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Sep 22, 2018







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Rod. Michael Winters photo.




See Avenue Q

Where: Seacoast Repertory Theatre, 125 Bow St., Portsmouth
When: Aug. 14 through Sept. 13, with showtimes Thursdays at 7:30 p.m., Fridays at 8 p.m., Saturdays at 2 and 8 p.m. and Sundays at 2 p.m.
Contact: 433-4472, seacoastrep.org
Charity: During the show’s “money” song, there will be a hat passed around. Money dropped in will go to the Crossroads House.




Puppet happy
Seacoast Rep original take of Avenue Q

08/06/15
By Kelly Sennott ksennott@hippopress.com



 Brandon James and Ben Hart knew they wanted to sew the Seacoast Rep’s Avenue Q puppets themselves — it’d save money, plus the co-directors are also visual artists — but they didn’t realize how badly they wanted this till they were 50 puppets in. 

The original Broadway production called for 11. 
“Our plan was to make the Avenue Q puppets,” James said at a rehearsal last week. “But we just kept going.”
They got a little puppet crazy, to say the least; they pulled out their sewing needles and a collection of upcycled materials from yard sales, dumpsters and Craigslist. They had this vision of a bustling New York City neighborhood, with puppet passersby on the street, in the buildings and on the sidewalks, which is mostly imagined in the original version. 
“We wanted to bring the city to life. There will be silly puppets crossing the street, seated little men in the corner, playing chess. There will be cockroaches, pigeons — we were really inspired by opening scenes from The Muppets,” James said. “The cool thing about this production is that Ben and I are designing everything, as well as directing. We’re doing the costumes and the props, and we’re designing the sets. We’ve been at it since Christmas. We spent seven months and over 4,000 hours hand-making these 50 puppets for the show.”
Avenue Q, which goes up Aug. 14, is a New York City-based coming-of-age story that addresses (and also satirizes) the issues about entering adulthood. It won three Tony Awards in 2003, including Best Musical, and featured 11 puppets and three actors. Many original cast members were Sesame Street performers. What revolutionized this show, however, was the fact that producers did little to hide the actors onstage. They’re right there, moving their lips along with the characters.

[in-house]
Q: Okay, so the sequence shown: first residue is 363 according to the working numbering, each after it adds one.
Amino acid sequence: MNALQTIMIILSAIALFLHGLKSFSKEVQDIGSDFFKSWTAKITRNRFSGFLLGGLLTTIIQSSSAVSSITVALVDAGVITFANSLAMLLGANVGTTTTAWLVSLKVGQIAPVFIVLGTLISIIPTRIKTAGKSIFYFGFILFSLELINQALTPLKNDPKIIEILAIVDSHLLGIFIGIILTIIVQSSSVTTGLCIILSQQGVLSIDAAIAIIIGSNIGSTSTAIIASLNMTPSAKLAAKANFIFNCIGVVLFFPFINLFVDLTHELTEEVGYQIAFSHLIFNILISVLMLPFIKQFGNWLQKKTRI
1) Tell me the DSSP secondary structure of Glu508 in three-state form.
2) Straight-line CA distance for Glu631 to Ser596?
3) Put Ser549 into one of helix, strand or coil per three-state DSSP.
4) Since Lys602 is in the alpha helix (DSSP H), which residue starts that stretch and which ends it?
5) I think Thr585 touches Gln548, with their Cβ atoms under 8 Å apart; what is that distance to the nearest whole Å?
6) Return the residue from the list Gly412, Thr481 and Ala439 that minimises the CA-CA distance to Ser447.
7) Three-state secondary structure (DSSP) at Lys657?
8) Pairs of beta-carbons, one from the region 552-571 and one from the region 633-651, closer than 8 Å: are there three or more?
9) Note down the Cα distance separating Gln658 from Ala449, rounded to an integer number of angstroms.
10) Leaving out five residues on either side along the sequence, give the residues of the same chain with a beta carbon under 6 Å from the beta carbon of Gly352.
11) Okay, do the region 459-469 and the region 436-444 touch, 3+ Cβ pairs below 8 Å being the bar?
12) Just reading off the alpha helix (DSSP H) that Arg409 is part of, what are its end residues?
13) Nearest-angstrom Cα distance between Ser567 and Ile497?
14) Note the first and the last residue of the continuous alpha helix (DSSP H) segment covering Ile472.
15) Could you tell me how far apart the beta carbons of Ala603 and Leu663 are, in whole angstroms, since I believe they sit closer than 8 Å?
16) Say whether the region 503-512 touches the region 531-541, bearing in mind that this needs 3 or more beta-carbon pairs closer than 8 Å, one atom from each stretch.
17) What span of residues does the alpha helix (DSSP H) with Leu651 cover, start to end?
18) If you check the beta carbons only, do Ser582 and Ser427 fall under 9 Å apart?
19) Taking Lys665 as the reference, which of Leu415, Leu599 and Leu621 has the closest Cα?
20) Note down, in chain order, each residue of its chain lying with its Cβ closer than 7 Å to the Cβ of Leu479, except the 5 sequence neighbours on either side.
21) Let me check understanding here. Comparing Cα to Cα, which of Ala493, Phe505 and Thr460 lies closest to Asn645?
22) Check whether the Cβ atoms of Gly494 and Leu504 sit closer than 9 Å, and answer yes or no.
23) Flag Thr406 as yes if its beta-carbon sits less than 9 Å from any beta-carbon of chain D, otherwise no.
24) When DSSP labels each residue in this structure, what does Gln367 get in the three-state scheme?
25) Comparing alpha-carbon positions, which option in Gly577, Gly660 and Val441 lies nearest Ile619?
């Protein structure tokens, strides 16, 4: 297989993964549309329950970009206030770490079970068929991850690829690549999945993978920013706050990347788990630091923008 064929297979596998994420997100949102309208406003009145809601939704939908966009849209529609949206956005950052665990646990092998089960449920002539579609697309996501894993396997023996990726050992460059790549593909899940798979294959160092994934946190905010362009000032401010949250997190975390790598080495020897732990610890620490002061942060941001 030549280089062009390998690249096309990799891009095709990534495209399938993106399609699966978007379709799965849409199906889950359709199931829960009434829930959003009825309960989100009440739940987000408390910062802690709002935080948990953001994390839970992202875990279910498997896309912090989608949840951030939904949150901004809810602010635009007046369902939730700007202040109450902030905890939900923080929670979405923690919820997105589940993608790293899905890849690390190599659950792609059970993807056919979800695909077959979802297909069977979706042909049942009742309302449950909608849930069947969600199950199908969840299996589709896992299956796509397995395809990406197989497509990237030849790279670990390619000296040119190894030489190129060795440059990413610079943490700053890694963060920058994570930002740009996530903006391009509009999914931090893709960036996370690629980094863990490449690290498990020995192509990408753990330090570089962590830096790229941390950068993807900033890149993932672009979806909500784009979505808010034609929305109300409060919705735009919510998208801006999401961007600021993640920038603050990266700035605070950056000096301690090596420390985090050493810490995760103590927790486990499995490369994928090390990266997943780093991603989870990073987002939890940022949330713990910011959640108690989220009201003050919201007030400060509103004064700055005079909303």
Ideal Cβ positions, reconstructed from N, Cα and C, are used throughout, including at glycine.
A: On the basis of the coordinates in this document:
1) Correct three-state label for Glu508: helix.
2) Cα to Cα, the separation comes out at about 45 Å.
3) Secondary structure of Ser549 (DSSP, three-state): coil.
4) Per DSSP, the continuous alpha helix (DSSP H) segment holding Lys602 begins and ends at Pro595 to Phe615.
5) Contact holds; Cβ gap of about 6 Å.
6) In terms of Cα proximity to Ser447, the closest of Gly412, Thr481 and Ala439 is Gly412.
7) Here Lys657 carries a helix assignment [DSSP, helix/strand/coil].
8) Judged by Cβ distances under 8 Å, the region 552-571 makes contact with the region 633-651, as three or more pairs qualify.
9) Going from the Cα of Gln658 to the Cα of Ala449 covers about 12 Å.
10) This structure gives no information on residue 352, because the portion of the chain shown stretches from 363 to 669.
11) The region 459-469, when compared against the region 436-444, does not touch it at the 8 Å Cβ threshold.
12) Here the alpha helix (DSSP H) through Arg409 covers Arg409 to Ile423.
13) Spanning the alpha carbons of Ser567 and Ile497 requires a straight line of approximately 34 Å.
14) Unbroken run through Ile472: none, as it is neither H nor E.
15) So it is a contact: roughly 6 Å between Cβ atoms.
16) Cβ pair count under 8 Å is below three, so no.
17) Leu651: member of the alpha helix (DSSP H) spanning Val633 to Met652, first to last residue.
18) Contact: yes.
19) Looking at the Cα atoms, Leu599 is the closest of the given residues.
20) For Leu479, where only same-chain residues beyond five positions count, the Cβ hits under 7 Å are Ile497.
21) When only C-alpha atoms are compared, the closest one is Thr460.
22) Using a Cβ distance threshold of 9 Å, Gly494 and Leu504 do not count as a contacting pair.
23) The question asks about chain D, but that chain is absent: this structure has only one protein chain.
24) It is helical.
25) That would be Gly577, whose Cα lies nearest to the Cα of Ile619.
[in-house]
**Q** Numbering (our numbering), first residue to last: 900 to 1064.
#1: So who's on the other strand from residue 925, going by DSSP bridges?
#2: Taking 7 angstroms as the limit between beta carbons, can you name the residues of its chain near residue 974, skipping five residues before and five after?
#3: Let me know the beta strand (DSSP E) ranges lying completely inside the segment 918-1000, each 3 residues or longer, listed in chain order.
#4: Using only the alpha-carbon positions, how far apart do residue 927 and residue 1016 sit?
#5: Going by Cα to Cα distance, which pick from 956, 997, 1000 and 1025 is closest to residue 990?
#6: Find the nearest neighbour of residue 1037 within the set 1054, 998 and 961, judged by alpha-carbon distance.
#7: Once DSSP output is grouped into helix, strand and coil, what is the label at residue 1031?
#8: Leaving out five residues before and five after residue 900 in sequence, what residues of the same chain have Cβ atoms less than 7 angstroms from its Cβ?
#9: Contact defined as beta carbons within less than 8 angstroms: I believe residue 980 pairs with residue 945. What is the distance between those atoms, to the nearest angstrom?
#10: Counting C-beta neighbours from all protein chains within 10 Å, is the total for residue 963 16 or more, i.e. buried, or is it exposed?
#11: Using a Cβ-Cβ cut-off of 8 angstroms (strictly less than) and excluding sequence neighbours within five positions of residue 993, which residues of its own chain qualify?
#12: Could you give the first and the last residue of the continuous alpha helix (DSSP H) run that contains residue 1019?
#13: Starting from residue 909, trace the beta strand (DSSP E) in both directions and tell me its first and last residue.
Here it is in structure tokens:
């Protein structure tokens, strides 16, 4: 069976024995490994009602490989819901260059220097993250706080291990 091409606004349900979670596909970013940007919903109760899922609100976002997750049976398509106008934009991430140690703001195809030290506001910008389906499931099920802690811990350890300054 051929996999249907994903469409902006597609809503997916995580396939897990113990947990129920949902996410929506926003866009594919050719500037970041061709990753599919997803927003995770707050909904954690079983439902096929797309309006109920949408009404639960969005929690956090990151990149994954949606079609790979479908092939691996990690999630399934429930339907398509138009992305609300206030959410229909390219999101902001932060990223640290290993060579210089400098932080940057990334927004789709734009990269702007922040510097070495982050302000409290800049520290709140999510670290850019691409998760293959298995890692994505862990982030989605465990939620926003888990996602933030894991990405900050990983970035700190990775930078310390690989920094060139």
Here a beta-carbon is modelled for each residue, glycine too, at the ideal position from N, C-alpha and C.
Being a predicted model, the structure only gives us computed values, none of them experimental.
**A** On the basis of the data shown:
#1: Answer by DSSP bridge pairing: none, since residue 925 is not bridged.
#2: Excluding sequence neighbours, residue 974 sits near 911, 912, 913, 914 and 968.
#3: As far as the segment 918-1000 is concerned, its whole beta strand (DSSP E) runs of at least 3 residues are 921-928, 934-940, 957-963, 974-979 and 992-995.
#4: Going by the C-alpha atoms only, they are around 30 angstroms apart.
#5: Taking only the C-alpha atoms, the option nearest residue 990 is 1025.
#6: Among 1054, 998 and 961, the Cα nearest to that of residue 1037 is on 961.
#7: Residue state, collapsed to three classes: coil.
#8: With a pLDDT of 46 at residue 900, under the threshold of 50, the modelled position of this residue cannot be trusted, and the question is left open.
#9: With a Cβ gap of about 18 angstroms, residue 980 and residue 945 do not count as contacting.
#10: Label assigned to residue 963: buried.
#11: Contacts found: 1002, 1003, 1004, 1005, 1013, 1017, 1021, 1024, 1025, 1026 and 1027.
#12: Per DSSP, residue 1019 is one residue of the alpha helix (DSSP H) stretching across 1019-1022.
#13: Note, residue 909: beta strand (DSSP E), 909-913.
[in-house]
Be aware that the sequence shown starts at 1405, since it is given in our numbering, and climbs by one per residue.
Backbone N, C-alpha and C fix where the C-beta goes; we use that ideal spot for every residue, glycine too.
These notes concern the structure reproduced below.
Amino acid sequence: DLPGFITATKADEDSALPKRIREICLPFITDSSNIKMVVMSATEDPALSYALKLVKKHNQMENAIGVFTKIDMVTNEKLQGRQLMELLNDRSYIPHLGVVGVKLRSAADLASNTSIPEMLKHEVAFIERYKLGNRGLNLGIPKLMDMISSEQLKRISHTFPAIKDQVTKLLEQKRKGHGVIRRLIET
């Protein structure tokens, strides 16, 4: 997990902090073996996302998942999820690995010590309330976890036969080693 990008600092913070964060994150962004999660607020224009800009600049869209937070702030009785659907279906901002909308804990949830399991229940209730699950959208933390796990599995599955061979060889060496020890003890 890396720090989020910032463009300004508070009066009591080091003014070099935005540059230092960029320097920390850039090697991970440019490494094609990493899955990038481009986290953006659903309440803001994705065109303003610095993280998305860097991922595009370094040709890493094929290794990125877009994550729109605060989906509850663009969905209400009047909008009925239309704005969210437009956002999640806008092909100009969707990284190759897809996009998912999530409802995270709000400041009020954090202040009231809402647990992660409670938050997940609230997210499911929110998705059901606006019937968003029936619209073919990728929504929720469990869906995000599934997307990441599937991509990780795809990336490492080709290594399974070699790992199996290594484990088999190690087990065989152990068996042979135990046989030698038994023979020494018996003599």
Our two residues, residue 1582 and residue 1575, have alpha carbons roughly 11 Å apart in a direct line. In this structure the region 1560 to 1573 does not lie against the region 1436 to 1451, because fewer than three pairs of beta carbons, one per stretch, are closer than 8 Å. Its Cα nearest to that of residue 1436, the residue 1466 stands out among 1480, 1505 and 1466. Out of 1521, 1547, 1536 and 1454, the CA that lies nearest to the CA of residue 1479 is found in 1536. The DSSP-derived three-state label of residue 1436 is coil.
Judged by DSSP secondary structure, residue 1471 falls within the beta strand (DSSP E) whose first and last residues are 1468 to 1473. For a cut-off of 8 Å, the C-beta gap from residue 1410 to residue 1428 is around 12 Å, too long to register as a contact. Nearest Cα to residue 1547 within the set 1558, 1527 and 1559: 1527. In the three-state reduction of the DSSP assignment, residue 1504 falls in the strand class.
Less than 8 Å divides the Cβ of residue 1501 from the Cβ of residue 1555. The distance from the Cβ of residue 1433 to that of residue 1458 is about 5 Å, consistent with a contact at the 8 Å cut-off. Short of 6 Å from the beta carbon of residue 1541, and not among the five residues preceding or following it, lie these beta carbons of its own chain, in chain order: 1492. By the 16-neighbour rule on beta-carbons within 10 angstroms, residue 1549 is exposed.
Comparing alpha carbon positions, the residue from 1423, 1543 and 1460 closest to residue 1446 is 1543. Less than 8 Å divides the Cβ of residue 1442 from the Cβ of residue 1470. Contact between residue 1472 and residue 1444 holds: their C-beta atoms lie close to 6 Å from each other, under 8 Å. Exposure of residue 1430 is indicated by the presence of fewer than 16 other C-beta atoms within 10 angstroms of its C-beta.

It’s kind of a stray for the Rep, which this year has produced Guys & Dolls, Into the Woods and South Pacific. Despite its bright, fabric characters, Avenue Q is pretty raunchy, with songs like “The Internet is for Porn” and “Everyone’s a Little Bit Racist,” not to mention puppet sex. In fact, interim executive director Miles Burns can’t remember the last time the Rep produced a show that pushes the envelope, content-wise, this much. 
But different is kind of what the Rep’s going for; last winter, the company nearly went under, and members had to ask the community for financial support. Kathleen Cavalaro was named interim executive director, Burns interim artistic director. A few changes were made; the company began holding more regular auditions and took on a new downtown rehearsal space. A handful of shows sold out — also a stray from the norm in recent years. People like James and Hart, Rep alums who’ve moved on to New York, L.A. or Boston, have come back to help get the company back on its feet.
“The board called this a Seacoast Rep renaissance,” Burns said via phone. “And as corny as it sounds, it’s absolutely true. Everybody is just jazzed about being creative and telling stories.”
The musical hasn’t been seen much in the area, never mind New Hampshire; locally, UNH Durham produced it, and so did theater companies in Boston and Maine. 
It’s expensive to put on; most companies don’t have directors excited to sew 11 puppets, never mind 50, and renting them can cost thousands of dollars. You also need actors and directors who know how to work them, and what’s more, teach others how to work them, which is where Hart comes in. He spent two years on the international Broadway tour and has been able to pass on his expertise. 
Most lead puppets have a special feature, like blinking eyeballs, light-up bellies and smoking tubes.
“It’s amazing how much these moving mechanisms really broaden the emotional vocabulary of these guys. There’s this whole host more of emotions they can portray,” James said. 
 
As seen in the August 6, 2015 issue of the Hippo.





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